The Five Languages of Love

Learn to speak your partner’s love language

I often hear couples say that even though they try to show their partners they care for them, they are often frustrated when accused of not making enough effort. It seems that their way of showing love is either unappreciated or unrecognized by their partner. It is almost like trying to speak with each other in another language. At times, couples stop trying and end up disconnecting from each other. So you could be trying very hard but your kindness and caring may be missing the mark.

According to Chapman (2002), most of us have one primary language in which we express our affection or approval to other people. The love language is also the language we long to hear spoken back to us. When we do receive love expressed in our primary language, our “love tank” fills and we feel secure. When we do not receive such expressions of love, we may feel hurt and rejected, in spite of any other love languages that are being spoken to us.

In The five love languages, Chapman explores the different types of “love languages” and helps the reader to be in tune with their own as well as their partner’s love language. Once you are more aware of each other’s different needs for affection, you can learn to speak your partner’s love language.

1. Words of Affirmation
Using words to affirm the other person (e.g. You look great; I appreciate your help; Thanks for tidying up; I know you worked hard for this; You’re supportive; I enjoy doing this with you). Words of affirmation may focus on the person’s behavior, physical appearance, personality or abilities. The words may be spoken or written- or even sung! To people whose primary love language is words of affirmation, such words will make them feel appreciated and loved.

2. Quality Time
Giving the other person your undivided attention (e.g. sitting together talking; going for a silent walk together but still focused on each other, sharing an activity you enjoy and finding/making moments for closeness). Quality time may require planning an event or opportunity for two people to share something of their lives with each other. The important thing is not the activity but the attention, which communicates love.

3. Gifts
Giving tokens, as well as more expensive items (e.g. picking up a coloured stone while on a walk to show you were thinking of the person; remembering for months what the person wants and then buying it for a special occasion; sending a card for no reason).
Nothing makes some people feel more loved and special than receiving a gift. It may be small or inexpensive, but it shows that the person was thinking of them.

4. Acts of Service
Doing something you know the person would like you to do (e.g. making a cup of tea; cooking a meal; tidying after the kids; cleaning up; taking a job off their hands). If someone’s primary love language is acts of service, they may be puzzled by a partner who speaks words of affirmation or gives gifts etc. but doesn’t do anything useful around the house. However, your partner is not a mind reader, you may have to let your partner know or request (not demand) certain acts of services that are important for you to feel cared for. Or give your partner a choice of options rather than insisting on a particular act that may not be comfortable for your partner.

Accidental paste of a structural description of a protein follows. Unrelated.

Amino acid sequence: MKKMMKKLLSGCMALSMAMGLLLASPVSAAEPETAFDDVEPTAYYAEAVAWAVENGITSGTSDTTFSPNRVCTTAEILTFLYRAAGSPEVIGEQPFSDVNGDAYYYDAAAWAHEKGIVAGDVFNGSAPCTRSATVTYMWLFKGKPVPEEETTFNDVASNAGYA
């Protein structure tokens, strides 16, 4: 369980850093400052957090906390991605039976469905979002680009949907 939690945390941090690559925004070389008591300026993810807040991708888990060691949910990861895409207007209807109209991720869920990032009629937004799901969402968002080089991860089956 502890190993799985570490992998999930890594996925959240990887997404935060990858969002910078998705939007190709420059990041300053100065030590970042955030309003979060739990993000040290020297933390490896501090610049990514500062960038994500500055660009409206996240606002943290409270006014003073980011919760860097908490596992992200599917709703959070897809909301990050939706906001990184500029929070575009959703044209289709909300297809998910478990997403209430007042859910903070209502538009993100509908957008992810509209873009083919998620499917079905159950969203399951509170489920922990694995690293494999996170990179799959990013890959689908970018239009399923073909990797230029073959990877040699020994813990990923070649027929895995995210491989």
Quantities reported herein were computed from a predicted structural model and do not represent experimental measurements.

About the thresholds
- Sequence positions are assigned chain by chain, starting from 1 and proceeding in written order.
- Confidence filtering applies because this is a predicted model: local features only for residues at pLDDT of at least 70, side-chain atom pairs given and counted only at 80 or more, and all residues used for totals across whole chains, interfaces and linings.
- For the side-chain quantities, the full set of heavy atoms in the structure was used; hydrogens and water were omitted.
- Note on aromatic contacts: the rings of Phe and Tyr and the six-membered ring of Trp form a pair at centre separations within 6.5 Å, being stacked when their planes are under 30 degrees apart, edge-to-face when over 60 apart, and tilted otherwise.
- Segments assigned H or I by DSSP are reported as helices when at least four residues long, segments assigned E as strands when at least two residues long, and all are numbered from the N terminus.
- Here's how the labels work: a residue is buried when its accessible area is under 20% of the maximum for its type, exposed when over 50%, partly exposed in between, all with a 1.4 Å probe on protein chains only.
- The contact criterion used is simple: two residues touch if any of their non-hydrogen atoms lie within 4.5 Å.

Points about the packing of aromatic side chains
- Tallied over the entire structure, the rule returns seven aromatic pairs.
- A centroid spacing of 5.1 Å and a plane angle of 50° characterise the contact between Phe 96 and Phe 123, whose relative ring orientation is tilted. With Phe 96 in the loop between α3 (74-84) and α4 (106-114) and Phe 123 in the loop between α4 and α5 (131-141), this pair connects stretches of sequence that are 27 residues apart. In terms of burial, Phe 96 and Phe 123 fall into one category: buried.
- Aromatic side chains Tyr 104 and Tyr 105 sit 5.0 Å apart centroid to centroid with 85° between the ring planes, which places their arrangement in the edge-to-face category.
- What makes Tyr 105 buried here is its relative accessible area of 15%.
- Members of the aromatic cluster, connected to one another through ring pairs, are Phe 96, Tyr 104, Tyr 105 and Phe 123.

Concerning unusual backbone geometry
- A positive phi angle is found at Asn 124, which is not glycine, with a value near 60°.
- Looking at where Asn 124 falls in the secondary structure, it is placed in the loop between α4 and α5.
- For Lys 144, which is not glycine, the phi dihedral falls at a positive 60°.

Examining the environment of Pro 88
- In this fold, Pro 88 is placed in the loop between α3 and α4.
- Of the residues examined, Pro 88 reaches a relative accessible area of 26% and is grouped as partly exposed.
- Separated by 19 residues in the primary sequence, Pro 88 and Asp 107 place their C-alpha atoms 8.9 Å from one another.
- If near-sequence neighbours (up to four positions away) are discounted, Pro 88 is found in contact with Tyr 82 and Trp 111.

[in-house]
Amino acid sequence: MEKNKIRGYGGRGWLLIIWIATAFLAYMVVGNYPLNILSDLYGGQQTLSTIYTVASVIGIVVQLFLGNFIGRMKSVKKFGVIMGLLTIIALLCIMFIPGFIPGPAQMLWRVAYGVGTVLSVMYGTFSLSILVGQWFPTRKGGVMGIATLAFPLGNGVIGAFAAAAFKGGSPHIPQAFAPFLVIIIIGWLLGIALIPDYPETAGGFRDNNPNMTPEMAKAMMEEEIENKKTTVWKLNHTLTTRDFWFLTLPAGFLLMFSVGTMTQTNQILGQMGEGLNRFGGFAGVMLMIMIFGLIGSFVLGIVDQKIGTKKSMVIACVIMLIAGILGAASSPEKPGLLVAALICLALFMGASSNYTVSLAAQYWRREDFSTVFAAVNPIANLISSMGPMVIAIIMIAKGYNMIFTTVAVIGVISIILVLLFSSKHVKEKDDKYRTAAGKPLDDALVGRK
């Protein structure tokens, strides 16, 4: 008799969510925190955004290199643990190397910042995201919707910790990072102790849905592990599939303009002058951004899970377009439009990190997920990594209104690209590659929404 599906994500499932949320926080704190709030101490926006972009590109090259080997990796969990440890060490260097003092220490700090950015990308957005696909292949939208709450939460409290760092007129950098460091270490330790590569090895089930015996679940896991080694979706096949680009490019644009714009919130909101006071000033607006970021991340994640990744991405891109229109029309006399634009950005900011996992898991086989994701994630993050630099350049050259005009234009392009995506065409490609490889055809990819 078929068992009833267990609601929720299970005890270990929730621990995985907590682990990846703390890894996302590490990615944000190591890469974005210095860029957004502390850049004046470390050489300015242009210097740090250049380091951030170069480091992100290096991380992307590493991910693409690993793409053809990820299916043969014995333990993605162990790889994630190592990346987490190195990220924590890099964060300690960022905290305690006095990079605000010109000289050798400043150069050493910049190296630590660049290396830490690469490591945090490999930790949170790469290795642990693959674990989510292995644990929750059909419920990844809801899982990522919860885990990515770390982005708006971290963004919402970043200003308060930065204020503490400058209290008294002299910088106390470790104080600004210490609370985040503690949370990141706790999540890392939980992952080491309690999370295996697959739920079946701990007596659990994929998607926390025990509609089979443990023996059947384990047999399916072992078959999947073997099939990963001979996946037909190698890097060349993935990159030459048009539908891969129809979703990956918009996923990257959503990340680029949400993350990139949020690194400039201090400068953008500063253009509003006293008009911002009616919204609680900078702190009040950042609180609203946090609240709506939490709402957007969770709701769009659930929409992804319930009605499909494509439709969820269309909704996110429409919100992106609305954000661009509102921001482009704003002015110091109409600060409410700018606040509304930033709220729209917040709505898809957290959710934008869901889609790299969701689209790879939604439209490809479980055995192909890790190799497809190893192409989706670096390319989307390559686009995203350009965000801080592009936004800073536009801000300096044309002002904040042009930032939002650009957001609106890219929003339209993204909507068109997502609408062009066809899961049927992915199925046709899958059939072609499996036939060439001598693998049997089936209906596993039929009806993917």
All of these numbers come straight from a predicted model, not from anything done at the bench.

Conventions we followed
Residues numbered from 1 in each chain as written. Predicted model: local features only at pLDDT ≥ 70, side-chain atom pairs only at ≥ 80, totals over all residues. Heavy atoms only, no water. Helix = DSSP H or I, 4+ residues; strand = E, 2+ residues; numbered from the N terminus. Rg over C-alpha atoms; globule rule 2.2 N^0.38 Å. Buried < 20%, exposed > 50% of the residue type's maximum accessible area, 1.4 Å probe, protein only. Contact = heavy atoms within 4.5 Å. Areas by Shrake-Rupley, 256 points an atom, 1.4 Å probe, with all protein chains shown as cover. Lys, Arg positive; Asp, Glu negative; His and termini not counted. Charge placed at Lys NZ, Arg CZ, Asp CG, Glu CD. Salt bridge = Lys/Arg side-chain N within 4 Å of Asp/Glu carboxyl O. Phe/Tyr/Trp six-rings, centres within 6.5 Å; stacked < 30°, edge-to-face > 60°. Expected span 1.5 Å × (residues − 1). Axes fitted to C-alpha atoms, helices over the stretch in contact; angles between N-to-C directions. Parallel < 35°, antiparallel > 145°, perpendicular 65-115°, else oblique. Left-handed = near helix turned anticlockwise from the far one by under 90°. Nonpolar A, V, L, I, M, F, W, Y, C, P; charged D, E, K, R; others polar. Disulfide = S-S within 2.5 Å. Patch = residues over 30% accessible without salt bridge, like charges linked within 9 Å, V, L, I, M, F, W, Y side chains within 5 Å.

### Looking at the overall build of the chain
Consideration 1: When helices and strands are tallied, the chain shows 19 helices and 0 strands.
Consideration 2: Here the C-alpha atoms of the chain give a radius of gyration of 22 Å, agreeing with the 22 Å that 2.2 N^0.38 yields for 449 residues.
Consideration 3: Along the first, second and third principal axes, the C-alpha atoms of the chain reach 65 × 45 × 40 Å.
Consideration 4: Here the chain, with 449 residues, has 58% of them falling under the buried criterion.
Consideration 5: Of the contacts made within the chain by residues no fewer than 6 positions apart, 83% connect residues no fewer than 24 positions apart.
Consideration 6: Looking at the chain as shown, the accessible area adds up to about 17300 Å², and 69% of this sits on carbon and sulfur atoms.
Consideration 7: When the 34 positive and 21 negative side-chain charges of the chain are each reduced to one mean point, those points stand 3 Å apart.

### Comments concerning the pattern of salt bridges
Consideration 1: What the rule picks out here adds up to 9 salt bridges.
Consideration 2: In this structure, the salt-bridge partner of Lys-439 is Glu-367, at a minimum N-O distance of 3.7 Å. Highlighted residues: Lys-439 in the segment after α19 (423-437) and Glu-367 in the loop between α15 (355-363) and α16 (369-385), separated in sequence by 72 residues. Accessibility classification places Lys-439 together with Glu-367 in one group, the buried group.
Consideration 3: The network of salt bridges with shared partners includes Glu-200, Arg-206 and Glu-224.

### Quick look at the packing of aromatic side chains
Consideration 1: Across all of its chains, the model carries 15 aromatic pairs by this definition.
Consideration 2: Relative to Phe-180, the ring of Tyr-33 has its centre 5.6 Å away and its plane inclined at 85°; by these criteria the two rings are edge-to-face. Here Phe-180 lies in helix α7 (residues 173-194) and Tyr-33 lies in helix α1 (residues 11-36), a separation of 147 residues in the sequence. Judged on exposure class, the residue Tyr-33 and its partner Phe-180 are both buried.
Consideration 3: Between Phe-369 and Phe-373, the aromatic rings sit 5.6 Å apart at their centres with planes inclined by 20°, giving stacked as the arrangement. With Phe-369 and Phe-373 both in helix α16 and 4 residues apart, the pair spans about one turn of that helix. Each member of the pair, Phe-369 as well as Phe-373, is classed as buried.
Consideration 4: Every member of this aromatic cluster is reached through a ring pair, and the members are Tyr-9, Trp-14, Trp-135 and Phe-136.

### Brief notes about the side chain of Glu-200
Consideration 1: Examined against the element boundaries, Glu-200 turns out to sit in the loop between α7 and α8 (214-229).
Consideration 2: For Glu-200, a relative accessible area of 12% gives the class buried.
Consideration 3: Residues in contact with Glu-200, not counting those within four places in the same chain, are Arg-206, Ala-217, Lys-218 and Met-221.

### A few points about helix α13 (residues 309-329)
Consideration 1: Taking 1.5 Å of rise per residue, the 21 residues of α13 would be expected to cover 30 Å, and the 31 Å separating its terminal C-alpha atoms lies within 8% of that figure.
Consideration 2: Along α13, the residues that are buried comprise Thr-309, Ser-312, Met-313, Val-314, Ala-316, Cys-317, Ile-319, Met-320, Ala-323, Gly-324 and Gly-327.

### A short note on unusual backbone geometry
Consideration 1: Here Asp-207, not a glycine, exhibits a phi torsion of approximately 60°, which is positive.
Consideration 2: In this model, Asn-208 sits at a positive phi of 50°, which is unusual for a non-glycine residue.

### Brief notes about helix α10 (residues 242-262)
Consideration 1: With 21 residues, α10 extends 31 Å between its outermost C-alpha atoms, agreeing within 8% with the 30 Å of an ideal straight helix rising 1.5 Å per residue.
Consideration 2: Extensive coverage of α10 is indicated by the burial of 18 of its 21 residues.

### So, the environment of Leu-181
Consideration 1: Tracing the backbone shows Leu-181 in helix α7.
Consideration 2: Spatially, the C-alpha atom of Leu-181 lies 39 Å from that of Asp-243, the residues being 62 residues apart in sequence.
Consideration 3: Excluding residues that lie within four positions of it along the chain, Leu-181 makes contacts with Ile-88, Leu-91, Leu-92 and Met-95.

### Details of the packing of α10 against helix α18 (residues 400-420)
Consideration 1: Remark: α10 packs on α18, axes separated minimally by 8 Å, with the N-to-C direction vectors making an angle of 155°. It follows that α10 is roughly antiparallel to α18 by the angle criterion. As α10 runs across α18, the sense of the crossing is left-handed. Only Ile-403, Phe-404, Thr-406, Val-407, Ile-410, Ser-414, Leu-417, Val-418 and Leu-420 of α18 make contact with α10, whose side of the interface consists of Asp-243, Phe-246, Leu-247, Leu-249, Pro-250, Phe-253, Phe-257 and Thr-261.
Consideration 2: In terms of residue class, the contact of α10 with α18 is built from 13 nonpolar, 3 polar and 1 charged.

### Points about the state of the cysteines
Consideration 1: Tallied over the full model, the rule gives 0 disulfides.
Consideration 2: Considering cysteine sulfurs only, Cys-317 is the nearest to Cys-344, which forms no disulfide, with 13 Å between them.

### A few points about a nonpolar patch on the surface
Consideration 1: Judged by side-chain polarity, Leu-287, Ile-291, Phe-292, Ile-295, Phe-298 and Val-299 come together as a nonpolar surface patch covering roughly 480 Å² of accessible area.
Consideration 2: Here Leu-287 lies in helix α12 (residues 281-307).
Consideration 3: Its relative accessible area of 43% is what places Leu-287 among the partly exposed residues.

5. Physical Touch
Physical touch is connecting body to body, skin to skin (e.g. hugging; kissing tenderly; holding hands, patting a shoulder; massaging a back; spooning). Even if a person may not want a certain kind of touch at certain times, it is important to find other appropriate ways to make that physical connection, if their primary love language is physical touch. Without it, they will not feel loved. It is important to share what works for each partner at certain times (e.g. I like it when you do this or I would like a hug when I come home from a stressful day).

Your Partner’s Primary Love Language
You can usually tell what your partner’s primary love language is by noticing what they like to offer to you. Then you can offer the same language back to them, sincerely and willingly. This may take practice, if their language does not come naturally to you. You can also try to appreciate what they offer to you, even if your own love language is different. Try not to reject or criticize their offerings, instead acknowledge any efforts made. This will encourage them to keep trying.

Your Own Primary Love Language
You can usually tell what is your own primary love language by noticing what makes you feel most loved – and what leaves you feeling most hurt, rejected or vulnerable when it is absent. Talk to your partner about your own love language. Explain what will make you feel most special. Agree to talk each other’s primary love language, at least sometimes.

Chapman, G. (2002). The five love languages. Strand Publishing: Sydney.

Disclaimer: Content on this website is provided for education and information purposes only and is not intended to replace advise from your doctor or registered health professional. Readers are urged to consult their registered practitioner for diagnosis and treatment for their medical concerns.

Blog written by CBT Professionals Clinical Psychologist on the Gold Coast, Raylene Chen. CBT Professionals are a team of clinical psychologists on the Gold Coast with offices in Coomera and Nerang. Gold Coast CBT psychologists offer services to adults, children, and couples. Please call and make an appointment on 56 683 490.

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